I never thought I would hear myself saying this, but I can find some sympathy for the RMT unions case (I may not hold the same view if I were a member of the poor old travelling public!!!). In just about every Government Department, Local Council and now the Railways and Underground, we see the 'Fat Cats' getting fatter and the 'Coal Face Workers' getting fewer. I heard some 'Clown' on the radio saying "These reductions in staffing levels will not compromise security or public safety". Of course they won't, for the simple reason, there is no security to start with, that vanished long ago and there are hundreds of Stations with no staff at all. If there were to be an accident 'Joe Public' would just have to fend for him or herself. In the early forties I worked on Hampton Station the Station was manned from the first train to the last. These days late at night, the Station is a lonely place, for a female travelling on her own. I suppose we should be grateful for CCTV, at least if you were to be attacked, you may be able to pick out your assailants from your hospital bed!!! Well that has got that off my chest. Yours aye. Bryan.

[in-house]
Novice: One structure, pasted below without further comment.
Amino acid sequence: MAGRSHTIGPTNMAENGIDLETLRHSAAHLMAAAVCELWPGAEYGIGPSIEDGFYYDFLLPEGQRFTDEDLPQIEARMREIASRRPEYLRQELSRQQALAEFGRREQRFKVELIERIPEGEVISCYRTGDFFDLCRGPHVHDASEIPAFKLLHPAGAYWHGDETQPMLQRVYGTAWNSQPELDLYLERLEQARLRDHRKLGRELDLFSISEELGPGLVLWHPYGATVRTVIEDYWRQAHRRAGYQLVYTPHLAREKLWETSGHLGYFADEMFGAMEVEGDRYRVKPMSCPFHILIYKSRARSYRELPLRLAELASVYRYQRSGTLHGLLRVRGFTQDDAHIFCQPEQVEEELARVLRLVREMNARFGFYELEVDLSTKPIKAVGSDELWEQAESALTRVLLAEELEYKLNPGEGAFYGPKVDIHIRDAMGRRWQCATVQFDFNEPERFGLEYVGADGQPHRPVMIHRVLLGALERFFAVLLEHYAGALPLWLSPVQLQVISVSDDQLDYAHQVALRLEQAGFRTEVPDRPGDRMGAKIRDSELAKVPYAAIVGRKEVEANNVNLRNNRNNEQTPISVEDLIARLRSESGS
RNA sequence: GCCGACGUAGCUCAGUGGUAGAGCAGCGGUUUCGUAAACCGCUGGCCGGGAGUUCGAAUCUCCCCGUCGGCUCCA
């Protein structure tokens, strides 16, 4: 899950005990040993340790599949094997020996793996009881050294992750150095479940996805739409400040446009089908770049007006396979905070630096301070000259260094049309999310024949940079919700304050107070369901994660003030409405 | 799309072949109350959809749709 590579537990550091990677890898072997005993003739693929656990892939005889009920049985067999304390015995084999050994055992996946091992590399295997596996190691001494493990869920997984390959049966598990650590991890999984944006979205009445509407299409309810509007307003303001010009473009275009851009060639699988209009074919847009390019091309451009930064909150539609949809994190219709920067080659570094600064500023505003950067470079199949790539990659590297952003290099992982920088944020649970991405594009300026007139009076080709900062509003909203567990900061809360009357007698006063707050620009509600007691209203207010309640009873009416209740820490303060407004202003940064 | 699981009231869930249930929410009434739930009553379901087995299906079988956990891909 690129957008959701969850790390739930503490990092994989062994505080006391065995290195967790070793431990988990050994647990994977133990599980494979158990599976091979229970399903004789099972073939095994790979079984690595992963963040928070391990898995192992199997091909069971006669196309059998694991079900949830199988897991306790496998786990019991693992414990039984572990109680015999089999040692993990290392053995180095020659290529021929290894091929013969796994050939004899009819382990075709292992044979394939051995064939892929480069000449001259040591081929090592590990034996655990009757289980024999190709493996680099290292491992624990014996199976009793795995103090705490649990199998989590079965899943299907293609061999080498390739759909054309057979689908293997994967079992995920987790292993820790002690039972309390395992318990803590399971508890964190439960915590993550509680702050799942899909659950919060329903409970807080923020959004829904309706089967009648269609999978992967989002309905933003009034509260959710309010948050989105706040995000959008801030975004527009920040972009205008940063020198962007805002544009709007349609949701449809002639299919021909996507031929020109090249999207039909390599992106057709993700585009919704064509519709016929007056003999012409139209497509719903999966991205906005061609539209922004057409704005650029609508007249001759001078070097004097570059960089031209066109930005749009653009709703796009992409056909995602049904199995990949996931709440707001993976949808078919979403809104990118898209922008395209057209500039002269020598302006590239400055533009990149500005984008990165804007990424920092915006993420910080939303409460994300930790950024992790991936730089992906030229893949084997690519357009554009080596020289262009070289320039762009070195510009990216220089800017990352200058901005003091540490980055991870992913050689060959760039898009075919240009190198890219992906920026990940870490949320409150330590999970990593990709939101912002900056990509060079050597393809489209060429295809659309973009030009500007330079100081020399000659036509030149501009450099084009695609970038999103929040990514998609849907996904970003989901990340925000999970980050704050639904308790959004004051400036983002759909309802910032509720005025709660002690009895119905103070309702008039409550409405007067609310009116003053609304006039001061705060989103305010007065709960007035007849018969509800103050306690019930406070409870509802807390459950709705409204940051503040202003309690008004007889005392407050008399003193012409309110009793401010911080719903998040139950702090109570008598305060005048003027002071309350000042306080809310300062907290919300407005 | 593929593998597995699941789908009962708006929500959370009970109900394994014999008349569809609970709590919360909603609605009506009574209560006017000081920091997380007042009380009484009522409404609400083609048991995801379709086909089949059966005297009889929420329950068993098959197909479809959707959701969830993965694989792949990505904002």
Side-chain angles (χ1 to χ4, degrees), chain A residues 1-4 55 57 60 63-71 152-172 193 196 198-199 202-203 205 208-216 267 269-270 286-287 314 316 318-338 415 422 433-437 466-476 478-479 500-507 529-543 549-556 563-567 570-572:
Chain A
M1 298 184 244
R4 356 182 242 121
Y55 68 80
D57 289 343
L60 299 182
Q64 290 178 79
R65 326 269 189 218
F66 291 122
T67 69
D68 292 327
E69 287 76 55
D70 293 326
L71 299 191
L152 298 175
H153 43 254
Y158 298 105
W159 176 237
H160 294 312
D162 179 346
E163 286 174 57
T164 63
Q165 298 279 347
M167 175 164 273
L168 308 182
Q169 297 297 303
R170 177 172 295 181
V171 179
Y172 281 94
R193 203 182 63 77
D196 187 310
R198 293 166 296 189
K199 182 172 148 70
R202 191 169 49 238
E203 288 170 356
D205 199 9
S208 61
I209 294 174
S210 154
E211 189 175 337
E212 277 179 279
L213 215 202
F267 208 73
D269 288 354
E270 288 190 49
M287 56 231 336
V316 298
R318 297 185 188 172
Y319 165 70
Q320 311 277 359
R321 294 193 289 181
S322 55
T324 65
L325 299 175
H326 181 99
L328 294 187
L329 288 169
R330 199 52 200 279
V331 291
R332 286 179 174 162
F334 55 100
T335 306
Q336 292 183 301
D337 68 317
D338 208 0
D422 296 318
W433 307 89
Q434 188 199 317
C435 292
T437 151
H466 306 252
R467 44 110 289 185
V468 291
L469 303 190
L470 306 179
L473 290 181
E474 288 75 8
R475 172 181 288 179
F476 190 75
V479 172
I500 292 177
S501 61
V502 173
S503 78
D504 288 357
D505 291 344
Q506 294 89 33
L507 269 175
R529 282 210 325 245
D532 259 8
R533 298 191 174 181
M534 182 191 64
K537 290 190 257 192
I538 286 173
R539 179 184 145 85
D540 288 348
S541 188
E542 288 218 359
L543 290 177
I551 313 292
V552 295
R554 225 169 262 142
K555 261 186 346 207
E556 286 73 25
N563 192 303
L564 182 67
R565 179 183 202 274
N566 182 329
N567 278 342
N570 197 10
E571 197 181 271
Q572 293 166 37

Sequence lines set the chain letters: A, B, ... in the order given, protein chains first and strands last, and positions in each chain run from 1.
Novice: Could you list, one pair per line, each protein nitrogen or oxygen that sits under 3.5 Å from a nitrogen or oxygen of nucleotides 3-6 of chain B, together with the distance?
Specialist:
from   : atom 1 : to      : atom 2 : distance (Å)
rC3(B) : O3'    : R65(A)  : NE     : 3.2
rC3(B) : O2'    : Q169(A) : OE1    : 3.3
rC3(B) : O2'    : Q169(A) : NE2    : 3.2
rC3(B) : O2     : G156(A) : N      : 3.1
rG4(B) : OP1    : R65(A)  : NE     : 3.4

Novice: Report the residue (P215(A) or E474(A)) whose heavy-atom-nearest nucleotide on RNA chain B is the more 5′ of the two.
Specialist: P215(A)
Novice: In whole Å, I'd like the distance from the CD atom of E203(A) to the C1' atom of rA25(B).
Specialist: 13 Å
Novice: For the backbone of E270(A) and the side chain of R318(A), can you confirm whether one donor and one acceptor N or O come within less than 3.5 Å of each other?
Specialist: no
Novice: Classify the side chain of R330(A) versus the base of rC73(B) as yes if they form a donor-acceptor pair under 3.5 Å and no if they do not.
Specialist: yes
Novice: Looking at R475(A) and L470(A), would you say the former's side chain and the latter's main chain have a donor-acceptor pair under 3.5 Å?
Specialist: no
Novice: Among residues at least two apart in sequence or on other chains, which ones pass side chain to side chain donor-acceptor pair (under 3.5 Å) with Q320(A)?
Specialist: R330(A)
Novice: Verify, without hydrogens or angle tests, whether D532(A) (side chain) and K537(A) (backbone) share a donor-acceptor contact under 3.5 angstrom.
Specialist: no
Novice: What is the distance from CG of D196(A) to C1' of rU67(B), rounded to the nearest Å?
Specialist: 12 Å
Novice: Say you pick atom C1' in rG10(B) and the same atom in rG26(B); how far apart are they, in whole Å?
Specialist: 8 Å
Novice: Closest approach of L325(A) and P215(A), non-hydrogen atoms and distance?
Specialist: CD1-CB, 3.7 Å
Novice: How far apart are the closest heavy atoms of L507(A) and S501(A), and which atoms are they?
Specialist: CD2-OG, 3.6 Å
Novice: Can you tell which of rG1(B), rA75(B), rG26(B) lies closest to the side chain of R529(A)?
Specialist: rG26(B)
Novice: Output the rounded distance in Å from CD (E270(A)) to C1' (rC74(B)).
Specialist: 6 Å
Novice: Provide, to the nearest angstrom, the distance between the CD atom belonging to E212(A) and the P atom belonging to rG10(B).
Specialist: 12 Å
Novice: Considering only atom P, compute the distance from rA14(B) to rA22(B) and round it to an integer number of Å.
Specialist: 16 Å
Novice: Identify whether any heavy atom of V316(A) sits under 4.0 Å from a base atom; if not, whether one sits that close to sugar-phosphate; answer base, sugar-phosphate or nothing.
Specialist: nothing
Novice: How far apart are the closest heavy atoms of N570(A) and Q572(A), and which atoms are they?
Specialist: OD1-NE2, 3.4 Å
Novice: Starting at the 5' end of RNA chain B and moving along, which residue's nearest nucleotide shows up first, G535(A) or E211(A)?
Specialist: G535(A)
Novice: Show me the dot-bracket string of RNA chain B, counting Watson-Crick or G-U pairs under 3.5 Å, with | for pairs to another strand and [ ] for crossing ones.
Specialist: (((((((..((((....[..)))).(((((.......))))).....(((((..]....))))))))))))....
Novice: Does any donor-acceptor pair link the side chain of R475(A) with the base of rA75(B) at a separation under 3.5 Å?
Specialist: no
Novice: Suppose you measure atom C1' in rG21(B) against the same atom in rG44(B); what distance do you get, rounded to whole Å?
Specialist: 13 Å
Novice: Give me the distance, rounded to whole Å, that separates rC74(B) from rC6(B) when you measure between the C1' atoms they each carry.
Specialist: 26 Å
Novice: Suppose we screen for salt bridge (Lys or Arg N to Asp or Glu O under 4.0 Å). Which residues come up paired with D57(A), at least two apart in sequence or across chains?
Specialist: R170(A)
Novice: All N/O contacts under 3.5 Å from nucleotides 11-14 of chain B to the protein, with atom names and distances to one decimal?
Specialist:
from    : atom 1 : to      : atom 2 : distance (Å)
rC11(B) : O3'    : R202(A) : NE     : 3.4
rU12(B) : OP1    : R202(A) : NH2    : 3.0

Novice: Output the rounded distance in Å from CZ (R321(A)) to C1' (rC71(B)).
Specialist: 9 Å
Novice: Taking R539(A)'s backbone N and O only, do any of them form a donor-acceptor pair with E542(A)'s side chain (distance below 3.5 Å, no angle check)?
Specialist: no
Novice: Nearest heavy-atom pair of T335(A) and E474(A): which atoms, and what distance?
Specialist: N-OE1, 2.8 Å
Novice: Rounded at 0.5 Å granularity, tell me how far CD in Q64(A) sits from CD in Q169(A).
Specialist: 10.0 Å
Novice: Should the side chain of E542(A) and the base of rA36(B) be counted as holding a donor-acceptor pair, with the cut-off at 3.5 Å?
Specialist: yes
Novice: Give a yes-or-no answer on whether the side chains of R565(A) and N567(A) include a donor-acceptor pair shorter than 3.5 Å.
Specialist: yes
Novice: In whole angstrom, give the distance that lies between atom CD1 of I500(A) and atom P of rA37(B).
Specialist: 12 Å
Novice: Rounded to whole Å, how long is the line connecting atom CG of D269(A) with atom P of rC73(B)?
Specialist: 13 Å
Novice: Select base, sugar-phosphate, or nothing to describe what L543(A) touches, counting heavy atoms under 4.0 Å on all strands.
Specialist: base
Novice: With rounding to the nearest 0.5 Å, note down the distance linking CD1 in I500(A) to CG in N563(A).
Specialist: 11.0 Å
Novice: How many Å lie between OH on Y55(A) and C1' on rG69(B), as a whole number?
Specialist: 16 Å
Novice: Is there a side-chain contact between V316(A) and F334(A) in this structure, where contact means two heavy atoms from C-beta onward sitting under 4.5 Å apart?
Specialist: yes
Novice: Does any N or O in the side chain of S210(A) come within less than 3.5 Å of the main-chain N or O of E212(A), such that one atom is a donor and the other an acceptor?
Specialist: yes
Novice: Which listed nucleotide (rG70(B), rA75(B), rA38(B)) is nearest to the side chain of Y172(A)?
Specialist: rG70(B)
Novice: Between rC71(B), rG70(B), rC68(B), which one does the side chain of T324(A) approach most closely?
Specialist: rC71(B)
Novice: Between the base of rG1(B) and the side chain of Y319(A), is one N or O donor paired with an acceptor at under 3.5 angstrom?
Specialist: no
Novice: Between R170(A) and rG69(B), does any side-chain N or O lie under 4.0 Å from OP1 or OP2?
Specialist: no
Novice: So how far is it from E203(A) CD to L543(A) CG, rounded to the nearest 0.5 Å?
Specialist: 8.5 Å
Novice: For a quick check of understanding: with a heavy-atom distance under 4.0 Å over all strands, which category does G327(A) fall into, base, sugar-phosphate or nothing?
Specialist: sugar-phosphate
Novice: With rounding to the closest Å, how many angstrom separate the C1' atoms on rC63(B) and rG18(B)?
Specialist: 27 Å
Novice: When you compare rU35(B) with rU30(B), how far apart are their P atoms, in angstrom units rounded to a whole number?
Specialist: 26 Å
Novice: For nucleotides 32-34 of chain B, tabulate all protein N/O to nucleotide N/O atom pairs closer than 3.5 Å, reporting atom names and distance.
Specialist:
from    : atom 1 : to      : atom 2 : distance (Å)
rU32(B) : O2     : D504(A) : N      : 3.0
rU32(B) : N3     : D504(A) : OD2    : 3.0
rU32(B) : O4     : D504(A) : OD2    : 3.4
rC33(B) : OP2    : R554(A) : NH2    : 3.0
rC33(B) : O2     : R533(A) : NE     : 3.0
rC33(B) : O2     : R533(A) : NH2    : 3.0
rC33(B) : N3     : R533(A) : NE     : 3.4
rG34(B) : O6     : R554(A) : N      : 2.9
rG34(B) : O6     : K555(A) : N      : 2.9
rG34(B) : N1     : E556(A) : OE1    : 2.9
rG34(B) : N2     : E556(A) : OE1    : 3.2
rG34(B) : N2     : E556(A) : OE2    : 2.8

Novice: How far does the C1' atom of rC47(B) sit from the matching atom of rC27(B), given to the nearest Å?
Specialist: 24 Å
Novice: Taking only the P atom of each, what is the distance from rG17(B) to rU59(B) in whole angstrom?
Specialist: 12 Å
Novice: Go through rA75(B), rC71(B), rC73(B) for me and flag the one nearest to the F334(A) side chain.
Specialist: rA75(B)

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Unless there's a very real danger that I'd miss my train I steadfastly refuse to use the new ticket machines and would always prefer to queue for the Ticket Office. I refuse to give Network Rail the ammunition they need to be able to point towards data which 'proves' that passengers 'prefer' to use the ticket machines.

Similarly whenever I find myself in a supermarket, even with a small basket of a couple of items, I won't use those Self Scan points. One assistant once saw me queuing for the tills and suggested I use the self service area.
"No Thanks, I'm happy to queue"
"But this would be so much quicker"
"That's possibly true but I'd like you to still have the opportunity to be employed here in a few years time, which you probably won't if those things take off"

The proposed rail strike is an interesting issue. My understanding, I we are to believe what we hear, is that this is predominantly about changing the working patterns of rail maintenance staff so that more track maintenance can be done at night, thereby reducing holiday and daytime rail suspensions. My ex-colleagues in the Railway Inspectorate have already stated that this would have no safety implications but, a couple of weeks ago, the Guardian reported that management were expected to offer more money; I find it difficult to reconcile what is supposed to be a safety issue with a financial incentive to accept the proposal. I await the outcome with interest.


I always seem to break those self-service supermarket checkouts. I must be statically charged, or something!


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